Embattled former American Apparel CEO Dov Charney has no plans to walk away from the company he founded without a fight. Conversely, The New York Times informs us that Mr. Charney intends to wrest back control of American Apparel. Charney was fired from his position as American Apparel’s CEO least month, after the board grew tired of his long history of alleged misbehavior, including ongoing allegations of sexual harassment of former employees (learn more at the Inquisitr).
Since his firing, Mr. Charney has entered into a deal with a little known hedge fund named Standard General which could enable him to take back control of the company. According to the terms of the deal, Dov Charney increased his ownership stake in American Apparel to 43% of total shares after Standard General lent him the money to purchase those shares. The deal, however, is not without its conditions for Mr. Charney. The New York Times tells us that in exchange for lending Dov Charney the money to purchase close to majority ownership in American Apparel, Mr. Charney ceded virtually all decision making power to Standard General. That is, even if Dov Charney is reinstated as American Apparel’s CEO, he will not be able to make any decisions unless Standard General signs off on them.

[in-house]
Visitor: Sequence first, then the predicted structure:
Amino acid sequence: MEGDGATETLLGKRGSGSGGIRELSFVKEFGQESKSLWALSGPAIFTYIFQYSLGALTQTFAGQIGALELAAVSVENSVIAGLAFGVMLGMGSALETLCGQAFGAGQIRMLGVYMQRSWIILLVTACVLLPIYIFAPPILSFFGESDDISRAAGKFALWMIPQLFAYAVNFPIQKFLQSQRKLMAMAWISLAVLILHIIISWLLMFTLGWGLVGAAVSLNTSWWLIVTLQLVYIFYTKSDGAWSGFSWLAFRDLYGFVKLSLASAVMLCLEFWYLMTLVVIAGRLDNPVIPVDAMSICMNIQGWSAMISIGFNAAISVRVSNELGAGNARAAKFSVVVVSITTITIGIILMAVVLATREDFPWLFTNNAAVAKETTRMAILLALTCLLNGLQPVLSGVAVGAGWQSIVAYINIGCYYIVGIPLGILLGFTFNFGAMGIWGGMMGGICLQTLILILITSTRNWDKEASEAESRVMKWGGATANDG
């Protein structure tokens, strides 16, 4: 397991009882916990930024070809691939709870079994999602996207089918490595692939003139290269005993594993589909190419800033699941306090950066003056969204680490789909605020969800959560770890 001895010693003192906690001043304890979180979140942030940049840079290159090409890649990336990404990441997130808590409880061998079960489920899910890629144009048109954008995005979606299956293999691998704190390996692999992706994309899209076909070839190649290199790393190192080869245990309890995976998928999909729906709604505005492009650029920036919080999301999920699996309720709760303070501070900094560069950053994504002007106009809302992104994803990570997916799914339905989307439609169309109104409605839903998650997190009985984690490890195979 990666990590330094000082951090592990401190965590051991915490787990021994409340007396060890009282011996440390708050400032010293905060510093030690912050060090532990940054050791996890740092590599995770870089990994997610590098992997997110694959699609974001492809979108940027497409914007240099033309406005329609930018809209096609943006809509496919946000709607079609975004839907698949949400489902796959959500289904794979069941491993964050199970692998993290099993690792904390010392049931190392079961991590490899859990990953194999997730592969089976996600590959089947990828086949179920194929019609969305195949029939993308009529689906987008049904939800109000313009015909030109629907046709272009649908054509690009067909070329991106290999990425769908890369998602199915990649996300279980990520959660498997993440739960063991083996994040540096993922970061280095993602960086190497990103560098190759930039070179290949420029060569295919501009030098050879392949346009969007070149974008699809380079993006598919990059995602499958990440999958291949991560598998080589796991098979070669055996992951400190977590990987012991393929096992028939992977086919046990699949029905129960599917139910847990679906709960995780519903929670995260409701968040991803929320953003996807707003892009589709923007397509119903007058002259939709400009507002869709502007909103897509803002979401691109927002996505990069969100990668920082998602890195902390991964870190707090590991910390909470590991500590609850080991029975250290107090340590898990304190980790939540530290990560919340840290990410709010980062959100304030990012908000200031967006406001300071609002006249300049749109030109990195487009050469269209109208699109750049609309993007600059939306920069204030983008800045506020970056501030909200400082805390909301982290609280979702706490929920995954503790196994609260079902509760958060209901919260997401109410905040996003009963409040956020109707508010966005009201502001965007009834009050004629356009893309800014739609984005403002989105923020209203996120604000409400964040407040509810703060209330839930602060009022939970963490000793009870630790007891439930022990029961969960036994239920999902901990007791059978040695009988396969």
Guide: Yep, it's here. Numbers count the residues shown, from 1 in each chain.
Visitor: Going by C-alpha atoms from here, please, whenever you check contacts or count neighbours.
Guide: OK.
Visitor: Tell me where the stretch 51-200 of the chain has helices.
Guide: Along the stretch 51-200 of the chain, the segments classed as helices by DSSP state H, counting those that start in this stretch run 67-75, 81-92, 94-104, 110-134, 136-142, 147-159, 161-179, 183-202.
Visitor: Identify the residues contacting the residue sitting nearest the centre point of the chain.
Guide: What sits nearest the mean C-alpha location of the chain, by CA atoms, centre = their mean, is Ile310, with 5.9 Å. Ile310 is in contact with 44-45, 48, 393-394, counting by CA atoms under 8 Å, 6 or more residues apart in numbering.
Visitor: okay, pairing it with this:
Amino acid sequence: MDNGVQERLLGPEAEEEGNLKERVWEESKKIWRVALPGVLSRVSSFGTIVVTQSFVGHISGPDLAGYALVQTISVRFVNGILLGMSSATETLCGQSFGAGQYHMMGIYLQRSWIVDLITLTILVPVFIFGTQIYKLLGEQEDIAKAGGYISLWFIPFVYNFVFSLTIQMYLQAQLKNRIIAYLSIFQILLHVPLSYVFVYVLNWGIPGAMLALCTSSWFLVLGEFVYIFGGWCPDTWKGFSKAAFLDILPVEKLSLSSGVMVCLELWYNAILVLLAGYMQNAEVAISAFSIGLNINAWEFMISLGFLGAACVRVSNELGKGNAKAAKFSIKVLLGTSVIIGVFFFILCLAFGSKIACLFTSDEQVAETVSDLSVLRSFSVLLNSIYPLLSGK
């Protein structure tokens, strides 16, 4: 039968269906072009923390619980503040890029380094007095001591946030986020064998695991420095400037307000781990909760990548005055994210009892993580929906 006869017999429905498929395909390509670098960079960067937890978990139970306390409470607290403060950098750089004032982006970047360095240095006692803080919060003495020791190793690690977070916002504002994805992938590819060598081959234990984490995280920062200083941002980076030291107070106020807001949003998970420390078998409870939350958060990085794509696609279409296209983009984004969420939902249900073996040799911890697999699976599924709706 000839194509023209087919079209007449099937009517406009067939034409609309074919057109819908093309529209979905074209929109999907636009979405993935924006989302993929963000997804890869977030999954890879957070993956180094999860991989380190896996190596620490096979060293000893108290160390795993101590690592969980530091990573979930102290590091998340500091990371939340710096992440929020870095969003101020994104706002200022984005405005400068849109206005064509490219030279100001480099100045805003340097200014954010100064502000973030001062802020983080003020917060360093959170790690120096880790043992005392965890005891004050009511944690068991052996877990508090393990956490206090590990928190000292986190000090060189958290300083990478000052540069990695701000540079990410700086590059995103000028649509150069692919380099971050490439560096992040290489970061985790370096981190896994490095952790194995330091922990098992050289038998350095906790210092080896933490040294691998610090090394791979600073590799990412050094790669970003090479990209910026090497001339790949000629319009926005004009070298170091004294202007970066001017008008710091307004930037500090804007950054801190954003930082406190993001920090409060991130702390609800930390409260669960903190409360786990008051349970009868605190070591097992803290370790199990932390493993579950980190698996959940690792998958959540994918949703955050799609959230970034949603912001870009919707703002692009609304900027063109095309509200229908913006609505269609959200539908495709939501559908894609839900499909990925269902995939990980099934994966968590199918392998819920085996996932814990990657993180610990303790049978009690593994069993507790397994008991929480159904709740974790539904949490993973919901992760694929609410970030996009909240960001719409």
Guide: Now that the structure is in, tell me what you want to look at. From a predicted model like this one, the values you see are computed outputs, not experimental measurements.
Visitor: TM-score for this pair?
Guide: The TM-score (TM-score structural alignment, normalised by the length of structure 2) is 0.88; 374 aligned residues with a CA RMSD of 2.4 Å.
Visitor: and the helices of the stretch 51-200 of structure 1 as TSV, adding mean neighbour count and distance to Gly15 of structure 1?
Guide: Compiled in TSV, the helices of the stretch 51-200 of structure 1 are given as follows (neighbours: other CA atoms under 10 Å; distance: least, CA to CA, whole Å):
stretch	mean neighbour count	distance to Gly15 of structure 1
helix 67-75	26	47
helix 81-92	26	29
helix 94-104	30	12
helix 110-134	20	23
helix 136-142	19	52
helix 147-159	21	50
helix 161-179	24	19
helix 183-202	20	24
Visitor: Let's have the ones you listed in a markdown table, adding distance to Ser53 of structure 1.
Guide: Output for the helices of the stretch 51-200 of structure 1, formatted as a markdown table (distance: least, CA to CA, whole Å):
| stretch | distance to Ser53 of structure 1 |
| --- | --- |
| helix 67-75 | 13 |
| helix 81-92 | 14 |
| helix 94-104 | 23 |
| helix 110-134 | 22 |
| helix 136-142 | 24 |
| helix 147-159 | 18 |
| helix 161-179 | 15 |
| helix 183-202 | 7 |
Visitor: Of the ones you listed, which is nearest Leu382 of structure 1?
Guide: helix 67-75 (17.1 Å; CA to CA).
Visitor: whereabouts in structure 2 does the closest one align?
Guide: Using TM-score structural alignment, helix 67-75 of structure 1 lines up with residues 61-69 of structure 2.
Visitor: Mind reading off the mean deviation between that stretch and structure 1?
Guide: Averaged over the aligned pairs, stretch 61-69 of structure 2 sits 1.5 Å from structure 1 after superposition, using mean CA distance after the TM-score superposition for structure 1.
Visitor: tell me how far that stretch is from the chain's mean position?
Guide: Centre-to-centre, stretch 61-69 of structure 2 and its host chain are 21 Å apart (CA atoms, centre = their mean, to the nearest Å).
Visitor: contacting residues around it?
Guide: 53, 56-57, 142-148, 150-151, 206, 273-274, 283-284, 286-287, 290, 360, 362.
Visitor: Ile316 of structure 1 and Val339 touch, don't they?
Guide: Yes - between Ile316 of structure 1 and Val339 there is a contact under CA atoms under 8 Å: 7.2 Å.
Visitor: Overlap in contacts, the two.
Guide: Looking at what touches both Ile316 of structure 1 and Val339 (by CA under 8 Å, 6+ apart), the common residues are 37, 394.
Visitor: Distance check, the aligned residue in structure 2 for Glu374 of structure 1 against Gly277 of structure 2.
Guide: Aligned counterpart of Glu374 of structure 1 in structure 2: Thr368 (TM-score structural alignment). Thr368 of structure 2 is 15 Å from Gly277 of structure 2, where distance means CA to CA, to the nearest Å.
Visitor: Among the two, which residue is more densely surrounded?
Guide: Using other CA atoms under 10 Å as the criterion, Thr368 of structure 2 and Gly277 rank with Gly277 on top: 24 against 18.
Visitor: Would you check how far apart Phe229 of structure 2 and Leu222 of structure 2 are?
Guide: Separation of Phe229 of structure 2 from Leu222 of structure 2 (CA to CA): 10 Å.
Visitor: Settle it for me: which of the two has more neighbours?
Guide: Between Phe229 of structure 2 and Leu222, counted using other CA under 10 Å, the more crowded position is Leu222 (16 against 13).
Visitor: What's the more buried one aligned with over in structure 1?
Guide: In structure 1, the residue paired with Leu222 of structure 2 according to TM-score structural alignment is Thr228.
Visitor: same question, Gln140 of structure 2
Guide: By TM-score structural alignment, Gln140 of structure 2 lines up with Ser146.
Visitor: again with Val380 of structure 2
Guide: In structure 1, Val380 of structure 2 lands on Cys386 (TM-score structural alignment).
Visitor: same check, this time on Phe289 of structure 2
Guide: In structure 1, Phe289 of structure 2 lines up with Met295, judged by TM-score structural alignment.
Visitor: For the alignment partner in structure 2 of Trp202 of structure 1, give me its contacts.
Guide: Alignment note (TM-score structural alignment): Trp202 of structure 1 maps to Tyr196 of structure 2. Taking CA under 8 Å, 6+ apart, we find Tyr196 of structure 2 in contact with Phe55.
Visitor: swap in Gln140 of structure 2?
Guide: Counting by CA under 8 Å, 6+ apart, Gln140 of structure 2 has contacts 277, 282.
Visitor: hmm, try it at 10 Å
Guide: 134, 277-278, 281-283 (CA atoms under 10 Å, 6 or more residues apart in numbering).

The New York Times also tells us that when Mr. Charney was asked why he has essentially handed over his ownership of American Apparel, and he stated that, “I handed over my ownership control to Standard General so they could protect the company and all of its stakeholders, particularly the employees.” Mr. Charney was concerned that in his absence, the board might entertain ideas such as moving American Apparel’s production floor overseas. At present, Dov Charney’s 43 percent stake in American Apparel is not enough to allow him to take back control of the company, but The Chicago Tribune tells us that if he can succeed in gaining the support of just more than 7 percent of the voting shareholders, that will be enough to enable him to appoint a new board of handpicked successors who may re-appoint him as CEO.
While discussing the probability of Mr. Charney’s chances of success, The Chicago Tribune goes on to tell us that, according to David Rosewater, a partner for Schulte Roth & Zabel in New York who has worked on consent solicitations in the past, “His chances of succeeding look pretty good” and, “It is not a very high bar to get to a majority of the outstanding.”
Presuming that Dov Charney is able to reinstate himself as CEO of American Apparel, the drama could just be beginning for those who ousted him.